Google self-driving car

This past August, the online magazine TechCrunch had a salacious headline for tech geeks and robotics fans: Google plans to sell 2,500 driverless cars to Uber, a company similar to a taxi-service that connects cars with passengers.

The story seemed like tech and auto industry gold, as Google has been instrumental in developing self-driven cars and has a significant financial stake in Uber.

While many bloggers and reporters picked up on the story as a watershed mark in the development of driverless cars, there was a small hitch: The story was dated ten years in the future.

“People are dense, I guess,” TechCrunch author Ryan Lawler explained to the Poynter journalism training center about the mix-up.

But the possibility of driverless cars hitting the market sooner rather than later got us at Online Auto Insurance thinking, “Who will insure those cars once they hit the road?”

A question of liability

The short answer, according to the Insurance Information Institute’s Michael Barry, is that it’s “too early to tell.”

“There is no loss history on these vehicles,” Barry explained. “Since there is no loss history on the vehicles, the insurance ramifications are unknown.”

And because those ramifications are unknown, so far, none of the major personal auto insurers are offering coverage. But as more self-driven cars hit the road, that is expected to change.

Some think that personal auto insurers won’t bear the liability of most accidents with self-driving cars. Instead, that burden would be on the manufacturers.

“Cars are pretty straight forward,” according to University of Washington robotics law professor Ryan Calo. “Their job is to get passengers from point A to point B, and if they don’t, the manufacturer would be liable in most instances.”

Alain Kornhauser, the Transportation Program director at Princeton University, told A.M. Best TV that manufacturers might not have a problem taking on that liability if self-driving cars are as popular as they have the potential to be.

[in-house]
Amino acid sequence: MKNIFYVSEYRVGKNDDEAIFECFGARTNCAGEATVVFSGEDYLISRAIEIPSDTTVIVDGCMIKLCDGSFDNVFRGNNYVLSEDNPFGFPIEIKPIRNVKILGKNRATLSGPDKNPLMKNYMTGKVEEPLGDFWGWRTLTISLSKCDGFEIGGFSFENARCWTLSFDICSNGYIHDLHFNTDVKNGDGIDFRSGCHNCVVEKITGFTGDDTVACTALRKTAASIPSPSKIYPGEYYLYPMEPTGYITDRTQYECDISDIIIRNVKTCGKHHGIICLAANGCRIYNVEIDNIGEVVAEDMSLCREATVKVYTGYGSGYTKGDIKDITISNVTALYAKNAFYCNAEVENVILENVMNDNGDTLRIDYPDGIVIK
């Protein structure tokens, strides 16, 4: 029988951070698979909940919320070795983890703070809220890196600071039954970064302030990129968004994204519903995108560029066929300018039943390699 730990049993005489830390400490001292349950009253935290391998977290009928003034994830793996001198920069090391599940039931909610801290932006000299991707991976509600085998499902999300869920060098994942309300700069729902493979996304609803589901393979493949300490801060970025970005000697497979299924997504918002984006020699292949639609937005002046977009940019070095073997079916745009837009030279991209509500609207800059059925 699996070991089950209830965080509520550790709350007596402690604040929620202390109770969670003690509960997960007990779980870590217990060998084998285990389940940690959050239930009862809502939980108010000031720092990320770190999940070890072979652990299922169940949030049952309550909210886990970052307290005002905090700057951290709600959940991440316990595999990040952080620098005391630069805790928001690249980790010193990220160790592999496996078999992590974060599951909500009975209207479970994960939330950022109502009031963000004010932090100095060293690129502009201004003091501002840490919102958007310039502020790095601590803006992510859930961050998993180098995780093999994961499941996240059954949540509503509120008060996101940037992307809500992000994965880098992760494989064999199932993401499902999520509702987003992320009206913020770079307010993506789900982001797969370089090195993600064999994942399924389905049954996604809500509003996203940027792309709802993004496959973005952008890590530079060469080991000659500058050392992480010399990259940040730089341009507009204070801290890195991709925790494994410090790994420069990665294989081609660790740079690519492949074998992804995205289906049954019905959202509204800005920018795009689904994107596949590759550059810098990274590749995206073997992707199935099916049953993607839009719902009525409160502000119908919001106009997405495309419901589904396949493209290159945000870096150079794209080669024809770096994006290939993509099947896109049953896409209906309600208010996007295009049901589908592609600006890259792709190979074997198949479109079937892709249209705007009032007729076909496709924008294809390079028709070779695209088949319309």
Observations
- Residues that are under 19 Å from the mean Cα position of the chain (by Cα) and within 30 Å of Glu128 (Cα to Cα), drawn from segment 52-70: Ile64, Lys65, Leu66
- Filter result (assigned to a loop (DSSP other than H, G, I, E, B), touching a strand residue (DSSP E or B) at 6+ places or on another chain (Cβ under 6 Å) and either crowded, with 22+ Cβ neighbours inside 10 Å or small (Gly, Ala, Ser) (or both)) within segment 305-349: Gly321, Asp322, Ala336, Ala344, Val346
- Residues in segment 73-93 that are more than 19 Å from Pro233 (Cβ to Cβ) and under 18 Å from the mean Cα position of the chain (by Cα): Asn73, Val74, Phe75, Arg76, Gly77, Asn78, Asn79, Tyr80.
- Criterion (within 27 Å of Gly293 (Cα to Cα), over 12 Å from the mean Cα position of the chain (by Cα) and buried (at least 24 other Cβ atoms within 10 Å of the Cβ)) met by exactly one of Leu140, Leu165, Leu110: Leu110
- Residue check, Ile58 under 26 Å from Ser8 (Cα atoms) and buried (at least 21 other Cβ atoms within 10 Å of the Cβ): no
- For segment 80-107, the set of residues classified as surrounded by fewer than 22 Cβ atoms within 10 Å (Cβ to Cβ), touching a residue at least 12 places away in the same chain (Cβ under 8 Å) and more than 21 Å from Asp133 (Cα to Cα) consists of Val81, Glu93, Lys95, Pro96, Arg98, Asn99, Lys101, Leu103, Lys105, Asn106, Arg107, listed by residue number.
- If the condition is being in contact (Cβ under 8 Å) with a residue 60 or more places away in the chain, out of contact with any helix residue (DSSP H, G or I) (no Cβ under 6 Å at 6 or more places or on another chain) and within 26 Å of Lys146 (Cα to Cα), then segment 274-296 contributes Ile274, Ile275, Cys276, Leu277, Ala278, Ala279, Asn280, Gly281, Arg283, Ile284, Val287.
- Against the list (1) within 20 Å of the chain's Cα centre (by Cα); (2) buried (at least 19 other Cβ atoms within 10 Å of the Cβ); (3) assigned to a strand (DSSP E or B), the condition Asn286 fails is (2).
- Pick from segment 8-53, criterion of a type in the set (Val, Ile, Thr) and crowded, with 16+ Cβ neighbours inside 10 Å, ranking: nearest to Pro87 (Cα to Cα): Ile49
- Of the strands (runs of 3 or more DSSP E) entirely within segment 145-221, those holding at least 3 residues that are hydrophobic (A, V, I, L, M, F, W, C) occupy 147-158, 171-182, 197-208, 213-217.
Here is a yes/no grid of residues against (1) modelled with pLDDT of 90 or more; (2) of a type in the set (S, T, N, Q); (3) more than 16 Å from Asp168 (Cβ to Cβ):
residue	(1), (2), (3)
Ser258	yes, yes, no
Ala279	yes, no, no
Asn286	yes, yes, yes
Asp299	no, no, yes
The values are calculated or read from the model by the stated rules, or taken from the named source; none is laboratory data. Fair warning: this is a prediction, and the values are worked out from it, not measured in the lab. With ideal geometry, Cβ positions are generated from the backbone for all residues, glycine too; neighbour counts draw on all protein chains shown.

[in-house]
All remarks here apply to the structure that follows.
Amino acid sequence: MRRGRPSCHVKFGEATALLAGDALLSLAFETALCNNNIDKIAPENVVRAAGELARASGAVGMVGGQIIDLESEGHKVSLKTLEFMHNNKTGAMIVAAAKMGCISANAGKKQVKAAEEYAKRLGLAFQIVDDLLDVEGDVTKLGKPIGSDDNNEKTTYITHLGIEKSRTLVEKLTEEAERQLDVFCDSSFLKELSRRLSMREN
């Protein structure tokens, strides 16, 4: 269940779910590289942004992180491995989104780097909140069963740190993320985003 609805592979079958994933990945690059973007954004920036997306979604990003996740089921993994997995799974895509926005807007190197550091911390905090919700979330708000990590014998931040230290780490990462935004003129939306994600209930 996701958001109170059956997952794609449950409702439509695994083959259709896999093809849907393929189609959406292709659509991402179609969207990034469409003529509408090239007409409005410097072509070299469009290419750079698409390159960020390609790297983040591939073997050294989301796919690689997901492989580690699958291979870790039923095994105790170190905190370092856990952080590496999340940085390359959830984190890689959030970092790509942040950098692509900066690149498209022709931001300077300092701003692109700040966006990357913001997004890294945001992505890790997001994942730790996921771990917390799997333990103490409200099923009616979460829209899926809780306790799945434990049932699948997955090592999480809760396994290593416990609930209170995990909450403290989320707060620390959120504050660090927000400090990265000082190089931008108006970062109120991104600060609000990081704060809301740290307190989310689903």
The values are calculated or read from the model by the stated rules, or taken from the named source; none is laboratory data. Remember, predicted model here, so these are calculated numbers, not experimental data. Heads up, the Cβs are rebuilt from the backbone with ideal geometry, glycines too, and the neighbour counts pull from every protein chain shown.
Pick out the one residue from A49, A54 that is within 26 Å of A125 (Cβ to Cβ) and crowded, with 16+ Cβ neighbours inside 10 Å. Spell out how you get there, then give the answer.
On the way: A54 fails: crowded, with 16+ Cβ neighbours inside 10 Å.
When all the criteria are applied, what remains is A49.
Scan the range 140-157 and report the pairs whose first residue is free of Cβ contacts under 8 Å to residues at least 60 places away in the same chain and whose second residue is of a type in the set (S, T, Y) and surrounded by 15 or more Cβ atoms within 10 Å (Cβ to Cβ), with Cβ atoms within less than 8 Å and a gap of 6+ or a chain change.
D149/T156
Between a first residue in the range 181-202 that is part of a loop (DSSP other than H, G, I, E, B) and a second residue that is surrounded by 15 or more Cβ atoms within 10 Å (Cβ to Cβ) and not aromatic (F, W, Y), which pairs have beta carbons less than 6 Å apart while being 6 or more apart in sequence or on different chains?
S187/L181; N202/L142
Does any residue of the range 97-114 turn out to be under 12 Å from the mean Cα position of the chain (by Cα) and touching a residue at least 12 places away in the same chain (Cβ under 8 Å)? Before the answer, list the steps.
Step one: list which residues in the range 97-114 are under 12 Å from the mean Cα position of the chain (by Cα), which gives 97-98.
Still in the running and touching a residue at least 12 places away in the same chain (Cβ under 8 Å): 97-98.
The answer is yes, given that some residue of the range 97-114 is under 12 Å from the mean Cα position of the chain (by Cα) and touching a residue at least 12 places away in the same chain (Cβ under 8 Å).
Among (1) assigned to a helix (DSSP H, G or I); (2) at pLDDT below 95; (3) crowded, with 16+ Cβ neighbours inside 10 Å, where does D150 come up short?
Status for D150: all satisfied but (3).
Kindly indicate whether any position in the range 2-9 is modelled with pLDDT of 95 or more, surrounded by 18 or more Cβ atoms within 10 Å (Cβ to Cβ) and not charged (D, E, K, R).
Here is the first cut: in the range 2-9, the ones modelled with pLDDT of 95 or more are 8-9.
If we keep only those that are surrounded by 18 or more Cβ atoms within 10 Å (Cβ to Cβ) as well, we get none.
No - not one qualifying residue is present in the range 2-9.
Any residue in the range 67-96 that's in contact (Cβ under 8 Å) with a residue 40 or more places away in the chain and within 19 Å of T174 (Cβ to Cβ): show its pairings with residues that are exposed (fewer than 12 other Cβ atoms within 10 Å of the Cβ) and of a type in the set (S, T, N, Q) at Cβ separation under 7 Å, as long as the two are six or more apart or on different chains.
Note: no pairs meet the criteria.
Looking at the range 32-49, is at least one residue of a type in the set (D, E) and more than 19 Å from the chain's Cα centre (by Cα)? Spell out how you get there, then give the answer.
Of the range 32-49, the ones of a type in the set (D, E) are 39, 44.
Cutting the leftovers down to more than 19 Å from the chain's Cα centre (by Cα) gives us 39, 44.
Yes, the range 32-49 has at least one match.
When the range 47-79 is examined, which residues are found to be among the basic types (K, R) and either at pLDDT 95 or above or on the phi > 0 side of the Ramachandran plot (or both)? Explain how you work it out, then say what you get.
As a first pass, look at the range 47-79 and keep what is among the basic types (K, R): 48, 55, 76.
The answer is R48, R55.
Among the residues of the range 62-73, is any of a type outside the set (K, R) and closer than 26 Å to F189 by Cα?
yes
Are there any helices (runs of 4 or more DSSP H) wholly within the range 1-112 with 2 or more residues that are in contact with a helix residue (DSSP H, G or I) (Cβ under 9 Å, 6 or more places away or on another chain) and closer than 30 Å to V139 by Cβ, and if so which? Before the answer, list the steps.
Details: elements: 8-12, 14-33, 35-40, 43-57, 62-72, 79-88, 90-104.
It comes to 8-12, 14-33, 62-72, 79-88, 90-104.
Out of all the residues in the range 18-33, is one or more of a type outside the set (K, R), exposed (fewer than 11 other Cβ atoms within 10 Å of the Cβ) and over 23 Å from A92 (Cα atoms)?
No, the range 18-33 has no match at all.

If the manufacturers are held liable for the damages, chances are that their product liability insurance would balloon. But if the demand for self-driving cars is high enough, they could just raise the price of the car to compensate, and consumers would essentially be making a trade-off for higher car prices in exchange for slashed personal car insurance rates.

Personal car insurance a thing of the past?

But that raises another interesting question: If manufacturers are liable for damages — the same way that an appliance company can be responsible if it manufactured a faulty microwave that exploded — will the owners have to carry auto insurance?

Almost every state in the country requires some form of auto insurance, but if the motorist is not responsible for accidents or damage caused by the self-driven cars, why should they have to?

Right now, that’s a question some of the smartest insurance minds can’t answer. But these cars most likely will be driving hybrids, allowing for human or robotic control depending on the preferences of the user.

Barry at the III said in those cases, he expects personal auto insurance to become more common as more self-driven cars enter the roads.

“If a market develops,” Barry said, “I’m confident that a lot of auto insurers that write privately today will get into the driverless markets.”

But besides liability concerns, and the lack of state regulations for self-driven vehicles in most states, Barry said there’s another key factor insurance companies will have to consider before offering coverage.

“What’s it going to cost to repair these things?” Barry said with a laugh. “I’m sure it’s very high tech. I’m not sure … how much all that’s going to cost.”

Like a true insurance industry mind, Barry joked about the potential liabilities of this new technology.

“I mean, yeah they can drive themselves … But do they all have airbags?”

The Nevada Model

Currently, self-driven cars are allowed to be driven in Nevada if the manufacturer puts up a bond of between $1million and $3 million with the state’s DMV. Essentially, the bond acts as a type of self-insurance to allow companies like Google the opportunity to test their self-driven cars on the Silver State’s open highways.

In this model, the manufacturer is ultimately responsible for any damage their car may cause in an auto accident.

While a handful of other states, including California, allow for self-driven cars to be tested on the roadways, Nevada is currently leading the country in regulations for the autonomous automobiles. The state DMV there has created the infrastructure to fully test and drive these vehicles on the state’s roads, and has created some benefits for riders in the self-driven cars.

For example, passengers can text and talk on the phone; however, if they are drunk or otherwise impaired, they can’t drive the car.

Even Gov. Brian Sandoval has taken a hands-free spin in a self-driven car, calling the experience “amazing” and a testament to “American engineering.”

The developments in Nevada and other states has led to significant technological advancements, according to Calo.

“The technology exists already,” Calo said of self-driven cars’ availability to hit the market. “There are some limitations, though.”

Calo noted that if a self-driven car arrives at an intersection, and the stop light is out, the car will currently not know what to do. “The car can’t follow the command of a police officer that’s directing traffic,” Calo said.

(Photo credit:Zack Sheppard)